Scott’s song is particularly timely and moving to me. Its message speaks to me as much today as it did when I first heard it last fall.
You are not alone
On this road to freedom.
Where there is good trouble
John Lewis lives.
I hope you’ll consider giving him your vote.
Wednesday, January 13, 2021
Today is the first day of the Maryland General Assembly for 2021. There are some new faces in new places and there is plenty lined up for them to consider. Add to this the precautions that must be taken due to COVID and the national political mood and I’d say it wouldn’t be amiss to call this a session like no other, even before it starts.
It has always struck me that this isn’t particularly Governor Hogan’s favorite time of year. He seems much more comfortable operating in a world where there is no General Assembly. His style of leadership leans far more towards one man at the top rather than a collaborative approach. In fact, Hogan’s studied disinterest in state legislators has become such a thing that he doesn’t seem to know whether or not he knows Delgate Dan Cox.
I’m no expert in the world of Annapolis but it seems to me that it would be helpful for the Governor to know the duly elected representatives of his constituents.
Best wishes to everyone working during this legislative session, and that includes all the journalists working to bring us the stories we need to know to stay informed on the issues.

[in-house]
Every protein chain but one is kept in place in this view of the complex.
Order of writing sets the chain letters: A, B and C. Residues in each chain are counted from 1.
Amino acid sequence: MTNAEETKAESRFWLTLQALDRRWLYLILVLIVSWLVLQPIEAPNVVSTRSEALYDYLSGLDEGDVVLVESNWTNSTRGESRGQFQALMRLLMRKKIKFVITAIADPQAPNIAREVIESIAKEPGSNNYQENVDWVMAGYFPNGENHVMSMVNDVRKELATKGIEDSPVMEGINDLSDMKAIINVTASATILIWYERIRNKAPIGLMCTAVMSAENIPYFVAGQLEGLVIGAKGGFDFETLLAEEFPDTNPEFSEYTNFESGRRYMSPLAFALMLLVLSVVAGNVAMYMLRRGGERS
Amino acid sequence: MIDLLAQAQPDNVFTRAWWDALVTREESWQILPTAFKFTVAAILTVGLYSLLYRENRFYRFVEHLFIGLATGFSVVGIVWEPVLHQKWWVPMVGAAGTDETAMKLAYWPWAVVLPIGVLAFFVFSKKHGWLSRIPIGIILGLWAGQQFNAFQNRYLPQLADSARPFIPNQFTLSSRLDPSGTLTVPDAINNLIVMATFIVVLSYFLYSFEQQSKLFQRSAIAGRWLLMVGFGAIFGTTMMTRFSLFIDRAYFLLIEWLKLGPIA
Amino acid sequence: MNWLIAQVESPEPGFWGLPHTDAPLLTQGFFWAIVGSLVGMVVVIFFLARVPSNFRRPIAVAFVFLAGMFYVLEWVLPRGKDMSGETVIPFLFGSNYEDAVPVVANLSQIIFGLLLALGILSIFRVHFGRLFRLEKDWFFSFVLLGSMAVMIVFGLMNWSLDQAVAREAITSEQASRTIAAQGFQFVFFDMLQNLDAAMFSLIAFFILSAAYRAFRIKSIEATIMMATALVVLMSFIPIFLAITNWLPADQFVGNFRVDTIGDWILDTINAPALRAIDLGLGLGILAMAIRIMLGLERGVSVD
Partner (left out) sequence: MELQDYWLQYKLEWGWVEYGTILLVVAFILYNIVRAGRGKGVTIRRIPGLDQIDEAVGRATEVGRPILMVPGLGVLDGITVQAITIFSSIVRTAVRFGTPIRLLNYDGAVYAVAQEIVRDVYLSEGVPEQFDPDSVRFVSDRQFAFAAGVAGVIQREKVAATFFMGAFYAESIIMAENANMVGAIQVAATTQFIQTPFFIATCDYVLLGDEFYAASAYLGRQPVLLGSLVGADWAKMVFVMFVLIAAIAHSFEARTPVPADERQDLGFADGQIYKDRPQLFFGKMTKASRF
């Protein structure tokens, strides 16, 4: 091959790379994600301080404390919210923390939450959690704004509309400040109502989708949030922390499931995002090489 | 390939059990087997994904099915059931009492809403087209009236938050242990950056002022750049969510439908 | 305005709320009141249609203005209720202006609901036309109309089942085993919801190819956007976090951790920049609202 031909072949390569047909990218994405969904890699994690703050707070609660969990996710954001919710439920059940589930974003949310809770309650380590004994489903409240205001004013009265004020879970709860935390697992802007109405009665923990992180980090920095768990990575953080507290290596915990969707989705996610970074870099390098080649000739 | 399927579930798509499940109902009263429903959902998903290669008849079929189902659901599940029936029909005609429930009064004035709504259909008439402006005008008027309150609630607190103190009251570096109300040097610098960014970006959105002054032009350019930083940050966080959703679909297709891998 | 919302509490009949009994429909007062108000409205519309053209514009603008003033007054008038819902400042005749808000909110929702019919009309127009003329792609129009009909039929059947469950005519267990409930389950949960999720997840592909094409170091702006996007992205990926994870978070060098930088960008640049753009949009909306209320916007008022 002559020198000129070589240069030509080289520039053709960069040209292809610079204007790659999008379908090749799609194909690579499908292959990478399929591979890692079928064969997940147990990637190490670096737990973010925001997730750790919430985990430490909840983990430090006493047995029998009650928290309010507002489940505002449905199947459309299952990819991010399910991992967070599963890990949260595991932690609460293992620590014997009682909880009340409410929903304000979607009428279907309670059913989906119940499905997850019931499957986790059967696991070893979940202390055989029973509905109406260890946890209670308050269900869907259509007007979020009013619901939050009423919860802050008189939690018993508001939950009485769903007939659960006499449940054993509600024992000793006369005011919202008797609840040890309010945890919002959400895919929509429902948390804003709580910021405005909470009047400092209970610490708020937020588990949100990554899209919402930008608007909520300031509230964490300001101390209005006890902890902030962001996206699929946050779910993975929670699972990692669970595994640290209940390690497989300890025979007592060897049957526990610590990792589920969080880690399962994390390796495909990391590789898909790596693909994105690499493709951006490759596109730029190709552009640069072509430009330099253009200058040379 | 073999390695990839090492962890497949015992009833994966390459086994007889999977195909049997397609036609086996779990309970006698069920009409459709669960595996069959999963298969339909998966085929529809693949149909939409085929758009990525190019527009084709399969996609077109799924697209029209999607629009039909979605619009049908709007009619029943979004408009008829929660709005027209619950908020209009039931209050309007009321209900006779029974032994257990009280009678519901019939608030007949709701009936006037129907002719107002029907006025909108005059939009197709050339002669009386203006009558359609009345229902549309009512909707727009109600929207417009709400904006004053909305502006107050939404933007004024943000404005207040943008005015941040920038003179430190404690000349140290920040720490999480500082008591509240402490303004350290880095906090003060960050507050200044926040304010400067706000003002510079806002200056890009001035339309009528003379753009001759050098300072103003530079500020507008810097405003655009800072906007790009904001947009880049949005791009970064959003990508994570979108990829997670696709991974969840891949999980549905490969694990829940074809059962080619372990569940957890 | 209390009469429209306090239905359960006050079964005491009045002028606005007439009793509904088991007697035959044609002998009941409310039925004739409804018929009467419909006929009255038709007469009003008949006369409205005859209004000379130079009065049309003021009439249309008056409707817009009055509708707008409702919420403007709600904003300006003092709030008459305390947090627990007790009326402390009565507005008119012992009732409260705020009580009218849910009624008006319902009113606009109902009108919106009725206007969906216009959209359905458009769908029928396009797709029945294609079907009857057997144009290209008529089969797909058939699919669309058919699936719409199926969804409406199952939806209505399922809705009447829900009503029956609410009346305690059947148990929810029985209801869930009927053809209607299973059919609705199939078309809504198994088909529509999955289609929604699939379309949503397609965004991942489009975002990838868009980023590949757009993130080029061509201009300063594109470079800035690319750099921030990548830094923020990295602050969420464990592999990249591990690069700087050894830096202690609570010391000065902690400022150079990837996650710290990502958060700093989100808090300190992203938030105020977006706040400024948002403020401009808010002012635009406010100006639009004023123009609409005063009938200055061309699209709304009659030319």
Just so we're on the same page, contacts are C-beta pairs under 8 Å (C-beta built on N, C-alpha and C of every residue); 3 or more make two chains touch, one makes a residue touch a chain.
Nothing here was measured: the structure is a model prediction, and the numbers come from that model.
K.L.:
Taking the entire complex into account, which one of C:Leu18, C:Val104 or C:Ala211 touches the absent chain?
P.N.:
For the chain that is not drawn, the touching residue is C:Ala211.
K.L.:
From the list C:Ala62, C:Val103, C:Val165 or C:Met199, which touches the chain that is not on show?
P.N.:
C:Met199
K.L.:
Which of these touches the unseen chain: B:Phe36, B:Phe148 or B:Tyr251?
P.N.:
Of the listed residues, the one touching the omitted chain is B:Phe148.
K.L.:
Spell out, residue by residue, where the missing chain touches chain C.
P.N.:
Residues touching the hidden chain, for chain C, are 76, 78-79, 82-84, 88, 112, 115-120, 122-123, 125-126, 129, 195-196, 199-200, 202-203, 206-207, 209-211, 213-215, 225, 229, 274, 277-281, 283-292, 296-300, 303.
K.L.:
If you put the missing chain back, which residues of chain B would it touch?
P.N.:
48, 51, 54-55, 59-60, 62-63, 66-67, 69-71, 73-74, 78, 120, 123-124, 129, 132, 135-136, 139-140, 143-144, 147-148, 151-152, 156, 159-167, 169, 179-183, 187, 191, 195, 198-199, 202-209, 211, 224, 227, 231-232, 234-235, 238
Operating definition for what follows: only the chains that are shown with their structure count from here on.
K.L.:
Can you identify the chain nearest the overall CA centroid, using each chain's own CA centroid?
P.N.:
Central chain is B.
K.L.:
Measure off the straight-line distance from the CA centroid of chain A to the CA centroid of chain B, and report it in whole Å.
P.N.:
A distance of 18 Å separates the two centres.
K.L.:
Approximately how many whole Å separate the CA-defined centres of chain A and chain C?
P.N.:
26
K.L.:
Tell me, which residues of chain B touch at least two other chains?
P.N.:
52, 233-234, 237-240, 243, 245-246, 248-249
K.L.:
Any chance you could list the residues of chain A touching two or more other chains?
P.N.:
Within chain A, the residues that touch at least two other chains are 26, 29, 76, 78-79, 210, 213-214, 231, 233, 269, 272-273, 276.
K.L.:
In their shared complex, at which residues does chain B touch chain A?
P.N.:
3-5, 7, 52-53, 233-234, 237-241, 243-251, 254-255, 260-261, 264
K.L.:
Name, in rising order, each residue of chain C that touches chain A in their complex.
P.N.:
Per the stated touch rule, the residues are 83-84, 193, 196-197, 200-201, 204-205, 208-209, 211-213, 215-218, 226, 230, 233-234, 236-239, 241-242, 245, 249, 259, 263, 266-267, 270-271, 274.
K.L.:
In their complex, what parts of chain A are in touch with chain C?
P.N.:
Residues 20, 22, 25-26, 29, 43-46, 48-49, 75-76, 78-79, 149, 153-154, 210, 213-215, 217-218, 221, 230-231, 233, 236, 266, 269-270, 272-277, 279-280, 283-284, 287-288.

Moving on, I want to recommend this article by Dr. Tyler Black, an expert in child and adolescent emergency psychiatry:
In-person schooling is not a mental health panacea for children , Tyler Black, MD, The Star
This piece dated August 24th began as a thread on Twitter on July 24th. If you are intrigued by the article, by all means read the entire thread, which can be found here. There’s more to it, more specifics, and more to think about. Anyone who is engaged in evaluating the risks of in-person schooling vs. distance learning right now should read it.
It is frustrating that an expert in pediatric psychiatry has to point this out, but the more than 800,000 global deaths from COVID-19 are incredibly bad for our children’s mental health as well. Preventing further deaths from the virus may be the most trauma-informed mental health maneuver we perform, ranking far above the need to return to pre-pandemic schooling methodologies.